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Top Hazardous Precursion Oil/Gas Business in Nigeria

Top Hazardous Precursion Oil/Gas Business in Nigeria

Top Hazardous Precursion Oil/Gas Business in Nigeria | Oil and gas well drilling and servicing activities involve many different types of equipment and materials. Recognizing and controlling hazards is critical to preventing injuries and deaths. Several of these hazards are highlighted below.

  • Vehicle Collisions
  • Struck-By/ Caught-In/ Caught-Between
  • Explosions and Fires
  • Falls
  • Confined Spaces
  • Ergonomic Hazards
  • High Pressure Lines and Equipment
  • Electrical and Other Hazardous Energy
  • Machine Hazards
  • Planning and Prevention
Vehicle Collisions

Workers and equipment are required to be transported to and from well sites. Wells are often located in remote areas, and require traveling long distances to get to the sites. Highway vehicle crashes are the leading cause of oil and gas extraction worker fatalities. Roughly 4 of every 10 workers killed on the job in this industry are killed as a result of a highway vehicle incident (Census of Fatal Occupational Injuries). The following OSHA and NIOSH documents provide guidance on recognizing and controlling vehicle-related hazards:

Struck-By/ Caught-In/ Caught-Between

Three of every five on-site fatalities in the oil and gas extraction industry are the result of struck-by/caught -in/caught-between hazards (OSHA IMIS Database). Workers might be exposed to struck-by/caught-in/caught-between hazards from multiple sources, including moving vehicles or equipment, falling equipment, and high-pressure lines. The following OSHA and NIOSH documents provide guidance on recognizing and controlling these hazards:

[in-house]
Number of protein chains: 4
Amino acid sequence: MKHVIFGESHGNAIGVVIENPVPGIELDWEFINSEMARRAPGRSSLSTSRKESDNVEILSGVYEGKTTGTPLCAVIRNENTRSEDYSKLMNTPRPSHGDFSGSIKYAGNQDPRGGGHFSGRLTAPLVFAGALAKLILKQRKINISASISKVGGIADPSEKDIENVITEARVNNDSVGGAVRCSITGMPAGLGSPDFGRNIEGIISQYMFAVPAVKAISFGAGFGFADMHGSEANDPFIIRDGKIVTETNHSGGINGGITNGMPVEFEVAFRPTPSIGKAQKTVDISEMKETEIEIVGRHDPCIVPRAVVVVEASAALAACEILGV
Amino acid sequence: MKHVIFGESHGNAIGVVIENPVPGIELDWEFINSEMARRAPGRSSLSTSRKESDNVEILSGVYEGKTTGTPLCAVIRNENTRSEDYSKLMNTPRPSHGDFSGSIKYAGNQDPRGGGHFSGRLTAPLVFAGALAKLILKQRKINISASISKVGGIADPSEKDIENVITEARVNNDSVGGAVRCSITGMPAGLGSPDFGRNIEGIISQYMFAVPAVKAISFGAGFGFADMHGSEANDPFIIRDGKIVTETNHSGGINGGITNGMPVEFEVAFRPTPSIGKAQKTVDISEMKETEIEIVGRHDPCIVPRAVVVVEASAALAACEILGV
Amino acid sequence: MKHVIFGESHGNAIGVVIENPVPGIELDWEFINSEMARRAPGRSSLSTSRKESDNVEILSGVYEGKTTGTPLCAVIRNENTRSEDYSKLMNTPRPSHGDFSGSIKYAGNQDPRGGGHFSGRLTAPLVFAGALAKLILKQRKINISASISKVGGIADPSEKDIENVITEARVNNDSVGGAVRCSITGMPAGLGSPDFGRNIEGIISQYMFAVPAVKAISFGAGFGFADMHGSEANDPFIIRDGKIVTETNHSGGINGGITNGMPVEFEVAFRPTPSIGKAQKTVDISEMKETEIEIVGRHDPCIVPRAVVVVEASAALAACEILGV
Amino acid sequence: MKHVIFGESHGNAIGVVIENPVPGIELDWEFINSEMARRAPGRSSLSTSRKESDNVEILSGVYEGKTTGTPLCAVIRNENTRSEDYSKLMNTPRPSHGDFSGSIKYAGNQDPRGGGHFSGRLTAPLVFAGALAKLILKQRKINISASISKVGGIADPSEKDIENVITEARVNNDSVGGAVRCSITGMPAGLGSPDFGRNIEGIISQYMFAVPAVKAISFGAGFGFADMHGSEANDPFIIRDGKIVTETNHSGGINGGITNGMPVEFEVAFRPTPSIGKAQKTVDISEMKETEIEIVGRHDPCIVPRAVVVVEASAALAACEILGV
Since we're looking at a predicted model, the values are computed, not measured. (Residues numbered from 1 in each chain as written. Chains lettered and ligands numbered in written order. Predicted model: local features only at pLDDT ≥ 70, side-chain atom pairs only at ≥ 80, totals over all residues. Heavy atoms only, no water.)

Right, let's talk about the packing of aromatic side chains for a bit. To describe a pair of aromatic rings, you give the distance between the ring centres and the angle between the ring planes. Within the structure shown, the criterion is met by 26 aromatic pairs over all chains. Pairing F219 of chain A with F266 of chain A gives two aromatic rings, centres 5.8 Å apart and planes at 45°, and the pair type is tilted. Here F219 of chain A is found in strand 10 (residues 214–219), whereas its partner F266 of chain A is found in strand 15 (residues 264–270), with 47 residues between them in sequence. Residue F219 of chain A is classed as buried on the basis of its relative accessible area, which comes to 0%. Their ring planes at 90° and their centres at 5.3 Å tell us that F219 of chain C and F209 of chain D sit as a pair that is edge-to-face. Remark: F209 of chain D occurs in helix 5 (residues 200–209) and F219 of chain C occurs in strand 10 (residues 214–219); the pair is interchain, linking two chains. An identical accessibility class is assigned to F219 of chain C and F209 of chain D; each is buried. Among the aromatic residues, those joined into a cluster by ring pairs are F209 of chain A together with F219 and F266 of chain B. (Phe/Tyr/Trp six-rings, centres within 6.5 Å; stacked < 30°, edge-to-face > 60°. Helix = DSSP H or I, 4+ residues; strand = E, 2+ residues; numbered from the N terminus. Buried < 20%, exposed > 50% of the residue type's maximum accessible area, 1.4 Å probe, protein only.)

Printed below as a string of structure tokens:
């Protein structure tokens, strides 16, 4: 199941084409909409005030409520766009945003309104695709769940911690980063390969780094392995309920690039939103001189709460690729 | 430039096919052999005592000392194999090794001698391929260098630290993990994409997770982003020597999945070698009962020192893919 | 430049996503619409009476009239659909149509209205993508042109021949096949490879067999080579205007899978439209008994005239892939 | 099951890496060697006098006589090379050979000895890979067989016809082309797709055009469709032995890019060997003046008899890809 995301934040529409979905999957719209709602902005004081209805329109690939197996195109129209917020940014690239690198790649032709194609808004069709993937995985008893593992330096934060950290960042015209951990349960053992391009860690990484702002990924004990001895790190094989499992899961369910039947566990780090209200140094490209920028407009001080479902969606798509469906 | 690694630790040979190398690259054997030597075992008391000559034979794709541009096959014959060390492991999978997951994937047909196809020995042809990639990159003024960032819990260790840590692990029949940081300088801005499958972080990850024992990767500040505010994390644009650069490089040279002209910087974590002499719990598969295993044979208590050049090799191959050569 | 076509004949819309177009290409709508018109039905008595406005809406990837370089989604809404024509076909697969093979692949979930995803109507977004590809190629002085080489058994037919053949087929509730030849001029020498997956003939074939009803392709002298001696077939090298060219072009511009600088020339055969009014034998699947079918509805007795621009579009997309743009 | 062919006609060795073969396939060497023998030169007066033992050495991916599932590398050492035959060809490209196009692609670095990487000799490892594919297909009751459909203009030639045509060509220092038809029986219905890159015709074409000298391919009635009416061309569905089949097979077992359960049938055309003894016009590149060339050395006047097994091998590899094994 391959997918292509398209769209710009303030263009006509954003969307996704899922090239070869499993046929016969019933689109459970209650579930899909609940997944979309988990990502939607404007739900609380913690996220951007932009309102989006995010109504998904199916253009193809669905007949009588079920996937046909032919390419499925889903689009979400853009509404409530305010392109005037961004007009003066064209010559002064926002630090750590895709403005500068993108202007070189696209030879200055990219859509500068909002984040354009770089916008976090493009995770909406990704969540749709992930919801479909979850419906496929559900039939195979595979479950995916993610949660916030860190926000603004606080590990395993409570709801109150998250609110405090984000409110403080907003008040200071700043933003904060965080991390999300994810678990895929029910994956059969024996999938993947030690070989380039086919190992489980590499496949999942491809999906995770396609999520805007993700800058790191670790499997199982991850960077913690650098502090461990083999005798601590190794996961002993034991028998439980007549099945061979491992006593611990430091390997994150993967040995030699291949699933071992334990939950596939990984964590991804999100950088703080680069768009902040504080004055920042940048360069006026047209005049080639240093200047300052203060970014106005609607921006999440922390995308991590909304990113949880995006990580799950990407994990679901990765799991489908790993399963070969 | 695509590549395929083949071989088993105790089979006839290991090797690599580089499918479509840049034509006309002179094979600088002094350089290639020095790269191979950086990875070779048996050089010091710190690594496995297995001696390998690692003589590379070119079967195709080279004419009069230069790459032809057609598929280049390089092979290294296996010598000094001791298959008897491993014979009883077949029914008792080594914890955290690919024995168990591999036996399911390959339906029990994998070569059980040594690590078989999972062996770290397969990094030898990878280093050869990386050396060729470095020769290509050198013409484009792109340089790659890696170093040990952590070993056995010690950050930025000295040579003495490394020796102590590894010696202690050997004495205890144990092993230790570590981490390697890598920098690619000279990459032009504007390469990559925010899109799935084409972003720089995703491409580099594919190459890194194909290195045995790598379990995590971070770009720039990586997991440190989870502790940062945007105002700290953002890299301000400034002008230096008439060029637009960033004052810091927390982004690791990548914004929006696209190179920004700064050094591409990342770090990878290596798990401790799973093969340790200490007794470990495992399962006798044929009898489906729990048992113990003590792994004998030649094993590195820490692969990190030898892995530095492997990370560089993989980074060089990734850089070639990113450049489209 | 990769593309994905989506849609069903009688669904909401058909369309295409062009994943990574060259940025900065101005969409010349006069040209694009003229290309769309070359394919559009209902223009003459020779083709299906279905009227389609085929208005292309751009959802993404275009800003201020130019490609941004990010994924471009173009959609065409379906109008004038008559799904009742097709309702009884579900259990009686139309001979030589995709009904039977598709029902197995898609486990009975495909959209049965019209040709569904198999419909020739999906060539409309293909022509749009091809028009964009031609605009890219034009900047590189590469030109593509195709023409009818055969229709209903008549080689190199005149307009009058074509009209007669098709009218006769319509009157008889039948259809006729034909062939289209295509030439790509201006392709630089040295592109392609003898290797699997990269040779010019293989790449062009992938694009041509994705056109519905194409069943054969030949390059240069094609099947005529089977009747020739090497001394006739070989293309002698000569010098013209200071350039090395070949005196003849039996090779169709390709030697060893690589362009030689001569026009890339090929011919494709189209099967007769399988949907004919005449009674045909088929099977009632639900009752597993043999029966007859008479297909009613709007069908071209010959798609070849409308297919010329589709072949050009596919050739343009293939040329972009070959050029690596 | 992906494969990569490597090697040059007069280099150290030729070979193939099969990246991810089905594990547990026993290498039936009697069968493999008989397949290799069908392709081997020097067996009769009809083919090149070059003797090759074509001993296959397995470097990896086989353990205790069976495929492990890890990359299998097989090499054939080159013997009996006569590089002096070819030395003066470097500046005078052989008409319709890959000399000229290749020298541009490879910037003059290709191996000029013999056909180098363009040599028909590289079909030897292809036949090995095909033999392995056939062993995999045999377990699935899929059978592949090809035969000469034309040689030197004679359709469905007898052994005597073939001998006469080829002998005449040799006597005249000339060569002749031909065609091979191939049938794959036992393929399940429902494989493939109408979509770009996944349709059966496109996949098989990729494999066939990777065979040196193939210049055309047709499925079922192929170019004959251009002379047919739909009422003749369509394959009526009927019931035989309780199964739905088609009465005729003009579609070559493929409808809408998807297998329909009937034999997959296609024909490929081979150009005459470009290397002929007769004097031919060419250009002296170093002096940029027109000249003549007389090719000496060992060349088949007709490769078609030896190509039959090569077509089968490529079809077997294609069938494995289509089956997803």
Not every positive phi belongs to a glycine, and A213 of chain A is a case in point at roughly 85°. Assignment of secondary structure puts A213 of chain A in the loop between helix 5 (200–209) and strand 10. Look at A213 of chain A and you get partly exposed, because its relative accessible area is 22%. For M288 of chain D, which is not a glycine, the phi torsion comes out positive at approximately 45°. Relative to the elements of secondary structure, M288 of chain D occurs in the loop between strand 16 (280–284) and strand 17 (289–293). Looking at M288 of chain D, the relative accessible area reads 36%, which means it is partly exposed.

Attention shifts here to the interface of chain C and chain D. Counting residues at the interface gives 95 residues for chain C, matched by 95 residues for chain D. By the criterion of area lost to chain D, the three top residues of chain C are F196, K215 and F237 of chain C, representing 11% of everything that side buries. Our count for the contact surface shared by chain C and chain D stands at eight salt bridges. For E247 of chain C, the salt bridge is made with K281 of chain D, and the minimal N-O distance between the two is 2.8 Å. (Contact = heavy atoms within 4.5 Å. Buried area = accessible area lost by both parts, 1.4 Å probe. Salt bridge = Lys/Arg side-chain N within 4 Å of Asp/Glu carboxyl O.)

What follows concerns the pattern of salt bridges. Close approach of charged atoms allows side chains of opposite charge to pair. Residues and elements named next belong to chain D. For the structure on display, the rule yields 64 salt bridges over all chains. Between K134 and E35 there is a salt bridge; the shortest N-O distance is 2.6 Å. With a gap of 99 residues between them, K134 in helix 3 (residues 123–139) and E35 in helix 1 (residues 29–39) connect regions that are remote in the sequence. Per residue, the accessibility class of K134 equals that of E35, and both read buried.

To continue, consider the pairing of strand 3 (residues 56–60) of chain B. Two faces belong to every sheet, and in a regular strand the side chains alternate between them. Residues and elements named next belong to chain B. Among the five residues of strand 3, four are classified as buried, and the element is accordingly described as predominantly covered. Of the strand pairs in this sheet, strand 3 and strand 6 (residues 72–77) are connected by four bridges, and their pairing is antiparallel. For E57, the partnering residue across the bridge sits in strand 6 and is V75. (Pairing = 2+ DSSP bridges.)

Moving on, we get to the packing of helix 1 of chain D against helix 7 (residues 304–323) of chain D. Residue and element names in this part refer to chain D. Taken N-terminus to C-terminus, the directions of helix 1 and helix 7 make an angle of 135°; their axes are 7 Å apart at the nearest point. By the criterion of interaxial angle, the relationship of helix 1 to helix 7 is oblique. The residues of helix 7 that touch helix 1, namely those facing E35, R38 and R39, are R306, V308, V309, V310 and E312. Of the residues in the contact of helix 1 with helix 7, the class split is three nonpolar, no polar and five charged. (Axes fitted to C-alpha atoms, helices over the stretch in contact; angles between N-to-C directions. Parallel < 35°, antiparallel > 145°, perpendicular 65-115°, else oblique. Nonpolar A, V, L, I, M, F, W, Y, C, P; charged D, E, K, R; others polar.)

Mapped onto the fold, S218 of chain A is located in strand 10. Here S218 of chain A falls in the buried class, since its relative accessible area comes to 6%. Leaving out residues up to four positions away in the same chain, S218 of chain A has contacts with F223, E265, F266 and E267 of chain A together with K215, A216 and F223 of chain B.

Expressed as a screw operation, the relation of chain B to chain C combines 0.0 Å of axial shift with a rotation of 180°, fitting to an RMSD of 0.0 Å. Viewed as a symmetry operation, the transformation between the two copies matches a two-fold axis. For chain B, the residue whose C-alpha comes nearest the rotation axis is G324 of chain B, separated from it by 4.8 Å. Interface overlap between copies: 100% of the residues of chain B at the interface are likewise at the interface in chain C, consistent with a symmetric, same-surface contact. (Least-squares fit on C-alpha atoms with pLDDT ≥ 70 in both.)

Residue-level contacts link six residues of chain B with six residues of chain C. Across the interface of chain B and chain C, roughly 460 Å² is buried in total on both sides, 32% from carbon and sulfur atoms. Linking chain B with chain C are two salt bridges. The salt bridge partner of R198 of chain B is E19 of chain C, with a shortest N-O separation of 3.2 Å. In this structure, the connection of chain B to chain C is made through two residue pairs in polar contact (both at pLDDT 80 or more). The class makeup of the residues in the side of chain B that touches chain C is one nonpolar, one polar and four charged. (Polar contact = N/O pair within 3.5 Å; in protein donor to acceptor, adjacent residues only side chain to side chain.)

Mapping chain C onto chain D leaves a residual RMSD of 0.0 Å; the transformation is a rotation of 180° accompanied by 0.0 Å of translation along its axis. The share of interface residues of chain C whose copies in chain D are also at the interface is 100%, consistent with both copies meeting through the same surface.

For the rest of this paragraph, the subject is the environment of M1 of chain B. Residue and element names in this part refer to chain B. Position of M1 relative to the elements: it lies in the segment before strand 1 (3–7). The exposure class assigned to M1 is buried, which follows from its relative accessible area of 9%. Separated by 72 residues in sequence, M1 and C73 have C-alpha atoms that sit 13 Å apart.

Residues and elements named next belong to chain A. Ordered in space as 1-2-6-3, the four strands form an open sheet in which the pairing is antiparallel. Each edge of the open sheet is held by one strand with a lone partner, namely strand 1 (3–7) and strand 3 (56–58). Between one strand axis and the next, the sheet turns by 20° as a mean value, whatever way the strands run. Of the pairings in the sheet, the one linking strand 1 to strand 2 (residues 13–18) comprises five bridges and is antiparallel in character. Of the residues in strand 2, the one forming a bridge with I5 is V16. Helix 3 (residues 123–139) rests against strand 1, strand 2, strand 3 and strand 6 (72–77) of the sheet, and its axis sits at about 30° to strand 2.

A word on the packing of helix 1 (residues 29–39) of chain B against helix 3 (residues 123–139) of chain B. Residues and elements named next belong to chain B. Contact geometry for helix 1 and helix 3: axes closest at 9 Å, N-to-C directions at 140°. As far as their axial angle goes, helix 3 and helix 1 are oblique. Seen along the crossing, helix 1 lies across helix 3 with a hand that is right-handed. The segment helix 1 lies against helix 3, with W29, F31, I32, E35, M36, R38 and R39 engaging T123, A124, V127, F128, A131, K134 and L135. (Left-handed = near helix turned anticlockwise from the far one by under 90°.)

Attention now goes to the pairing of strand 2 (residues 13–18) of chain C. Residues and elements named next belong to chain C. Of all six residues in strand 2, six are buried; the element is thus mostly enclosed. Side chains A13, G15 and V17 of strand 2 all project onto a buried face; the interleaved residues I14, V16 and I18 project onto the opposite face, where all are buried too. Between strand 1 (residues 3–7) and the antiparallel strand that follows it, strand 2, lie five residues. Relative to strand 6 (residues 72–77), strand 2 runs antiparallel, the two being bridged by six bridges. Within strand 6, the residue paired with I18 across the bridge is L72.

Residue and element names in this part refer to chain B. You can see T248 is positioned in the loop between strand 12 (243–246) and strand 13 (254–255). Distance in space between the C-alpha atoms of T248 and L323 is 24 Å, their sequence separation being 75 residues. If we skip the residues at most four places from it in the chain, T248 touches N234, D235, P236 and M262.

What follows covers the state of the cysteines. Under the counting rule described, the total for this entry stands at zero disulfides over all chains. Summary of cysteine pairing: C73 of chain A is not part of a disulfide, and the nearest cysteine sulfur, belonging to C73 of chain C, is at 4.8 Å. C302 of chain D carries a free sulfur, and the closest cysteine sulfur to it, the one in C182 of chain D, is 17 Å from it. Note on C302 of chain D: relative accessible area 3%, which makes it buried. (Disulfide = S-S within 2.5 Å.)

Relevant OSHA standards applicable to these hazards include:

  • Eye and face protection
  • Head protection
  • Hand protection
  • Handling materials – General
  • Powered industrial trucks
  • Crawler locomotive and truck cranes
  • Slings
  • Machinery and machine guarding
  • General requirements for all machines
  • Mechanical power-transmission apparatus

Relevant industry practice documents applicable to these hazards include:

  • AESC Guidelines on the Stability of Well Servicing Derricks
  • API RP 4G Maintenance and Use of Drilling and Well Servicing Structures
  • API RP 8B Inspection, Maintenance, Repair, and Remanufacture of Hoisting Equipment
  • API RP 53 Blowout Prevention Equipment Systems for Drilling Operations
  • API RP 54 Recommended Practice for Occupational Safety for Oil and Gas Well Drilling and Servicing Operations
  • API RP 74 Recommended Practice for Occupational Safety for Onshore Oil and Gas Production Operations
  • ANSI/ASSE Z41, Personal Protection – Protective Footwear
  • ANSI/ASSE Z89.1, Requirements for Industrial Head Protection
Explosions and Fires

Workers in the oil and gas industries face the risk of fire and explosion due to ignition of flammable vapors or gases. Flammable gases, such as well gases, vapors, and hydrogen sulfide, can be released from wells, trucks, production equipment or surface equipment such as tanks and shale shakers. Ignition sources can include static, electrical energy sources, open flames, lightning, cigarettes, cutting and welding tools, hot surfaces, and frictional heat. The following OSHA and NIOSH documents provide guidance on recognizing and controlling these hazards:

Relevant industry practice documents applicable to these hazards include:

  • API 53 Blowout Prevention Equipment Systems for Drilling Operations
  • API 54 Recommended Practice for Occupational Safety for Oil and Gas Well Drilling and Servicing Operations
  • API 67 Oilfield Explosives Safety
  • API 74 Recommended Practice for Occupational Safety for Onshore Oil and Gas Production Operations
  • API 500 Classification of Locations for Electrical Installations at Petroleum Facilities Classified as Class I, Division 1 and Division 2
  • IADC Hot Work Hazard Recognition
Falls

Workers might be required to access platforms and equipment located high above the ground. OSHA requires fall protection to prevent falls from the mast, drilling platform, and other elevated equipment. The following OSHA and NIOSH documents provide guidance on recognizing and controlling this hazard: